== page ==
Sexual harassment at work happens to 4 in 10 women

The law firm of Slater and Gordon has revealed that not only have many female staff experienced harassment first hand, a further 39% had in fact witnessed fellow staff members being abused.

A staggering 37% of women admitted to being sexually harassed within the last year, with companies choosing to ignore the scale of the problem. 52% of women who were questioned said that their employers did not take any action to stop the harassment, while 56% admitted that the companies they worked for did not have any sexual harassment policies. If the companied di have such policies, they were not aware of them.

Sexual harassment was brought into the forefront after allegation were made against Hollywood producer Harvey Weinstein, and there was increased awareness of the problem. Despite this, 28% of women claimed that they had within their companies a male staff member who harassed female staff.

While the survey showed that just 32% of women came forward, Slater and Gordon had seen an increase in women who contacted them about this issue. They are now urging the government to make all organisations have a mandatory policy on sexual harassment. They hope that this will start to tackle the problem.

The MeToo movement has greatly helped in bring these issues to light, as well as encouraging women to talk about the situations, although they feel that many women hold back because they were afraid of losing their jobs.

Many companies still turn a blind eye to the severe problems of sexual harassment in the workplace, even though it takes courage to report this behaviour. Women need to be confident that they will be taken seriously and will receive support.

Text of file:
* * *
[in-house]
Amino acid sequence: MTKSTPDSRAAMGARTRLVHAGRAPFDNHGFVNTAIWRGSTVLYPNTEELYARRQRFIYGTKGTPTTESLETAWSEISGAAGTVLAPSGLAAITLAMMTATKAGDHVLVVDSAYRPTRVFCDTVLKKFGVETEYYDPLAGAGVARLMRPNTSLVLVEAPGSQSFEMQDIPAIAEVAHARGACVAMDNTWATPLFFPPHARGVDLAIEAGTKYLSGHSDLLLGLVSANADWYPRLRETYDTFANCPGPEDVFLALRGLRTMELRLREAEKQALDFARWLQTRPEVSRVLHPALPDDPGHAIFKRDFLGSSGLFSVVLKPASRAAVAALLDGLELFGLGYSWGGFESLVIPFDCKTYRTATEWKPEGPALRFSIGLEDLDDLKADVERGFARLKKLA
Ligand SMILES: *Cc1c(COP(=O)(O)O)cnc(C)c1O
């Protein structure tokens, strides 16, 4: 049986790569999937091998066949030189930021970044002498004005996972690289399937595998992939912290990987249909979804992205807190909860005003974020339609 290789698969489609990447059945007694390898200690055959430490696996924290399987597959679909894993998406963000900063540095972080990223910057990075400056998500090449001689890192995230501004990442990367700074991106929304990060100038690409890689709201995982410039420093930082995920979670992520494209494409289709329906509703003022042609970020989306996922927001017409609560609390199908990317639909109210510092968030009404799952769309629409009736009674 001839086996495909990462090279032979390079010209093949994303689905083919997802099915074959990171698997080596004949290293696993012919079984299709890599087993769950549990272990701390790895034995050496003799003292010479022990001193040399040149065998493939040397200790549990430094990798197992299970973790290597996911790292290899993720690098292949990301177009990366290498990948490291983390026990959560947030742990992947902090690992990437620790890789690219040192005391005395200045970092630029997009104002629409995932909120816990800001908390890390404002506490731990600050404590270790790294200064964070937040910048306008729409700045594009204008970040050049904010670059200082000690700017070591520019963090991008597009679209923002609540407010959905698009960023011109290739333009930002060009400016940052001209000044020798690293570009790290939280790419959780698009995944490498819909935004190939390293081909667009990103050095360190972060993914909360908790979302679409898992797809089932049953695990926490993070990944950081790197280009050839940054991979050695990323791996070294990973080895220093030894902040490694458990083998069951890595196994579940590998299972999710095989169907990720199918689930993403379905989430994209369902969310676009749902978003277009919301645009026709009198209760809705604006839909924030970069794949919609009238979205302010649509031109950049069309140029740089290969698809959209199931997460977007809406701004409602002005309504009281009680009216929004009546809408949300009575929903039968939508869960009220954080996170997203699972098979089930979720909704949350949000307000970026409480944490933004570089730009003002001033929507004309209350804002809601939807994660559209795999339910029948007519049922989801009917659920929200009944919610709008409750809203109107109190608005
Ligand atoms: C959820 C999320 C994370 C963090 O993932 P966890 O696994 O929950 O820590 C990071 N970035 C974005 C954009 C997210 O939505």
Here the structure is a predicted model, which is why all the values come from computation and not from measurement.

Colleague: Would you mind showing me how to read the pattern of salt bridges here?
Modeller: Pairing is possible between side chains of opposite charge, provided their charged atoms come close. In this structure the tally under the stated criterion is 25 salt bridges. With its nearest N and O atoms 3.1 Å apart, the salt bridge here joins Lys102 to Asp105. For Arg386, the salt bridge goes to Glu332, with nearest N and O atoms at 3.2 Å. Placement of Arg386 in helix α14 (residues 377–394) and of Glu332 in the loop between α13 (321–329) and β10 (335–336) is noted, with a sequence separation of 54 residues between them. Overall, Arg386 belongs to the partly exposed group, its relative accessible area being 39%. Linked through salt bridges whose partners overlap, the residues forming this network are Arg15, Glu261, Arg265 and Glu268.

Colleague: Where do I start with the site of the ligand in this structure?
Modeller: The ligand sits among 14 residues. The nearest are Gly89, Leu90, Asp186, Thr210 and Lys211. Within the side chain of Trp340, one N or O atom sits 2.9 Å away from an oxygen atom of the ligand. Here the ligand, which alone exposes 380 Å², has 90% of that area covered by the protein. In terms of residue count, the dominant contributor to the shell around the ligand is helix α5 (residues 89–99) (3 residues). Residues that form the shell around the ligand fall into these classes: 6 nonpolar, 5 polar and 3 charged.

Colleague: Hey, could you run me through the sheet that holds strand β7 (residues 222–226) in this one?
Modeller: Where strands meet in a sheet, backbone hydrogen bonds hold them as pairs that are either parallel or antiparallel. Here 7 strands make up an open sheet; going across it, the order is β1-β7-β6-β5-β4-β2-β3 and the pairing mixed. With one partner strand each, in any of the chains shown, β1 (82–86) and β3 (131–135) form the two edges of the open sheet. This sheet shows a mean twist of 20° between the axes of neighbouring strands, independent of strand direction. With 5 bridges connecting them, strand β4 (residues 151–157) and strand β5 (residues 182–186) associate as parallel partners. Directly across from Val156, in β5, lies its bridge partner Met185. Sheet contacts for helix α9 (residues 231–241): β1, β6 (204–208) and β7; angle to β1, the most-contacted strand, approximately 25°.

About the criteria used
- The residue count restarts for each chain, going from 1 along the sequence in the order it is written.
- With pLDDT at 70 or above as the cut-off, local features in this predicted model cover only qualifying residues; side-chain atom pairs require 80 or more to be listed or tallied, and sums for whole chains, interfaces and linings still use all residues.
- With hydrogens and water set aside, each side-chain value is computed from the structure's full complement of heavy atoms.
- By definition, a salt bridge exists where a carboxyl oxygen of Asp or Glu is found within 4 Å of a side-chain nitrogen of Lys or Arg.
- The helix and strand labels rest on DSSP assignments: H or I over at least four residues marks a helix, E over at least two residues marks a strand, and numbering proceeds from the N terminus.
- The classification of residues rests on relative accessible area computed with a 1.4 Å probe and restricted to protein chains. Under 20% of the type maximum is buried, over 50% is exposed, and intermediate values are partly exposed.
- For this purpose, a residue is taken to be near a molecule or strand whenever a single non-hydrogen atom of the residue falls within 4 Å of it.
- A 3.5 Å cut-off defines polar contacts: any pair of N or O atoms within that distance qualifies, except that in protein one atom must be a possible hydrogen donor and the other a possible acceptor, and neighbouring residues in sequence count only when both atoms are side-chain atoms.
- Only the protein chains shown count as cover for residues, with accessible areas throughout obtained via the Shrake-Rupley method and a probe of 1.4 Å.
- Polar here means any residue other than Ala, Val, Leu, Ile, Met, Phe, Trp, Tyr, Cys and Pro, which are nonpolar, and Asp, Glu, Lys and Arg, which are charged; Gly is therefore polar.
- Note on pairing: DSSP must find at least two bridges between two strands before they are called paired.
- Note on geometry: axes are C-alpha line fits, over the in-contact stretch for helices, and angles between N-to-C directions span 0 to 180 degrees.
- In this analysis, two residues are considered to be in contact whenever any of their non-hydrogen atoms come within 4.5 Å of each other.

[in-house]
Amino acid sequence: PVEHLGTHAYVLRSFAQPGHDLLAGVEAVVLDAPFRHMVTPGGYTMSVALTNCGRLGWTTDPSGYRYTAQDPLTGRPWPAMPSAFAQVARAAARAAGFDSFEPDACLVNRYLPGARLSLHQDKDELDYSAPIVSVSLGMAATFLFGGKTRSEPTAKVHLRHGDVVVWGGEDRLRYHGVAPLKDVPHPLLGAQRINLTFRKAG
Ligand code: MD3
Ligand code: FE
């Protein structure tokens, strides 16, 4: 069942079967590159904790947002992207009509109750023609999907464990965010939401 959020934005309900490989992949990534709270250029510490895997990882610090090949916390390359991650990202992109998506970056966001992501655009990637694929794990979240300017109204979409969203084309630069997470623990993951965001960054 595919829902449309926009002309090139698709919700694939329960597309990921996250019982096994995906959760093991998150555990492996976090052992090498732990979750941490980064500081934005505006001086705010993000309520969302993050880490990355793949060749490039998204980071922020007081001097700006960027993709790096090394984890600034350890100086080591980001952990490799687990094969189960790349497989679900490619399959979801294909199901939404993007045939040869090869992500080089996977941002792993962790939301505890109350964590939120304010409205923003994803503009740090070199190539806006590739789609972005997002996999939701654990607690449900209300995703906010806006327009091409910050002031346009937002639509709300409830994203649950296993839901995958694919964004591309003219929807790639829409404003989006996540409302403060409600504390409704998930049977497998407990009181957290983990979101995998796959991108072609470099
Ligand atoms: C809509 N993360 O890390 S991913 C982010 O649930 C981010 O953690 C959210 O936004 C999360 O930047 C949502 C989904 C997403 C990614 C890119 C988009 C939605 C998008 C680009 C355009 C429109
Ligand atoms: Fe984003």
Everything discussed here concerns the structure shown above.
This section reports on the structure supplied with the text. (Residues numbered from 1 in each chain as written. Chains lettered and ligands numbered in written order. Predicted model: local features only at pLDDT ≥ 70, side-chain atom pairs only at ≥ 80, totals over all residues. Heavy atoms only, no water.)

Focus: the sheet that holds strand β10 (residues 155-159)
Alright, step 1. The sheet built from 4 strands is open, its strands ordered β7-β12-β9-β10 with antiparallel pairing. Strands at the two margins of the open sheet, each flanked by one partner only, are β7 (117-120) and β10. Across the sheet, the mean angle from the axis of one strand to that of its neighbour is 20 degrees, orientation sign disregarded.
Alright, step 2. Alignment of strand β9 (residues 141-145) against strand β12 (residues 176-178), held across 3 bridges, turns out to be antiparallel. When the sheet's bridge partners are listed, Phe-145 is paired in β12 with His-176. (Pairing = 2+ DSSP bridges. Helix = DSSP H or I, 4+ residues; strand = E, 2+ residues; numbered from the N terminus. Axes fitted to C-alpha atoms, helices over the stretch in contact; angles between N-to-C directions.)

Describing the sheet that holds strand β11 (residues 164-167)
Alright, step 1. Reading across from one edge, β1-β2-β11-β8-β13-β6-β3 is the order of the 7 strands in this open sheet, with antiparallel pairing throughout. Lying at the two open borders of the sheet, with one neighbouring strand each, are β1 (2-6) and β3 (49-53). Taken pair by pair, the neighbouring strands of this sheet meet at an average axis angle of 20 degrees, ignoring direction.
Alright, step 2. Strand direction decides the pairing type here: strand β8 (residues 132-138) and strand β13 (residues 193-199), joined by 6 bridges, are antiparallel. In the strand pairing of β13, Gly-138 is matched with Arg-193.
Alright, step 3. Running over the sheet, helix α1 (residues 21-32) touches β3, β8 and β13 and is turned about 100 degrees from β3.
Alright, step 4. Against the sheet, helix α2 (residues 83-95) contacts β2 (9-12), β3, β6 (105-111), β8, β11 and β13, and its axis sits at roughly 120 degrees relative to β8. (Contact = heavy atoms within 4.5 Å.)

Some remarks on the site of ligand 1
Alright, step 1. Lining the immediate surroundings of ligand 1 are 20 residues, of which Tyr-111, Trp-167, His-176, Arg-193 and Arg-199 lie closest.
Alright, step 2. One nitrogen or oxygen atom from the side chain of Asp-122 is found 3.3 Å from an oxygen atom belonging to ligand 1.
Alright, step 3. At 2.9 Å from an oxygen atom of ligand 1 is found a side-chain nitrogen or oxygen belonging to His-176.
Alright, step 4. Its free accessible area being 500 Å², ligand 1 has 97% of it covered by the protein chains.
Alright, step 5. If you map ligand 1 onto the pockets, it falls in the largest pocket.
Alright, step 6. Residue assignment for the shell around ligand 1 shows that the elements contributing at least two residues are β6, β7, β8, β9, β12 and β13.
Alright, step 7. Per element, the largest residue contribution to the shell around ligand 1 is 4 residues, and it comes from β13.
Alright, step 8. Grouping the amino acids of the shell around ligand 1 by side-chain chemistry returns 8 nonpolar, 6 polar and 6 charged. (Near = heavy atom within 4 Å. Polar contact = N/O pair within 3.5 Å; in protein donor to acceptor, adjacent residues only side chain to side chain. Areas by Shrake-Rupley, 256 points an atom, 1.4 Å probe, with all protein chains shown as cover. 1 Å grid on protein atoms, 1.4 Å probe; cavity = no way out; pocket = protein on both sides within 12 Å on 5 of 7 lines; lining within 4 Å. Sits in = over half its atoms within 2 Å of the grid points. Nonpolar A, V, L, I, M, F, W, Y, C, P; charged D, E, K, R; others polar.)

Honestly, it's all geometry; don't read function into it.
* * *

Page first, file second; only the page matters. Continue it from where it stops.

A spokesperson for Slater and Gordon said that by failing to prevent sexual harassment from happening, companies were normalising the behaviour, and while there is currently no legal obligation for them to have anti-harassment policies in place, making the policies mandatory is a necessary step.

Sexual harassment in the workplace is unlawful and could be a good reason for a tribunal claim against the employer as well as the person who carries out the harassment. If an employer fails to take reasonable steps to prevent sexual harassment in the workplace, they are unlikely to have a good defence.

According to Slater and Gordon the most common form of sexual harassment were suggestive and inappropriate comments made to women with 16% of women saying that they had been the victims of such comments. 11% had been subjected to sexist conduct and 6% had been groped by a colleague.

When queried, women said that the reasons they chose not to come forward with complaints were that either nothing would be done, or that they would harm their career paths, with 1 in 5 women admitting that inappropriate behaviour was ‘the norm’ in their workplace.

The Citizens Advice Bureau urges anyone who is sexually harassed at work to act as quickly as possible, suggesting that they tell the person to stop. If this does not work, they are advised to report the incident to their manager, to put it in writing and to keep a copy. The next step is to talk to the HR department or union.

The CAB advocate that the person who is harassed get advice as soon as possible, keep records of dates, times and places, as well as names of any witnesses. If this does not bring the matter to a conclusion, then they are advised to raise a formal written complaint against their employer.


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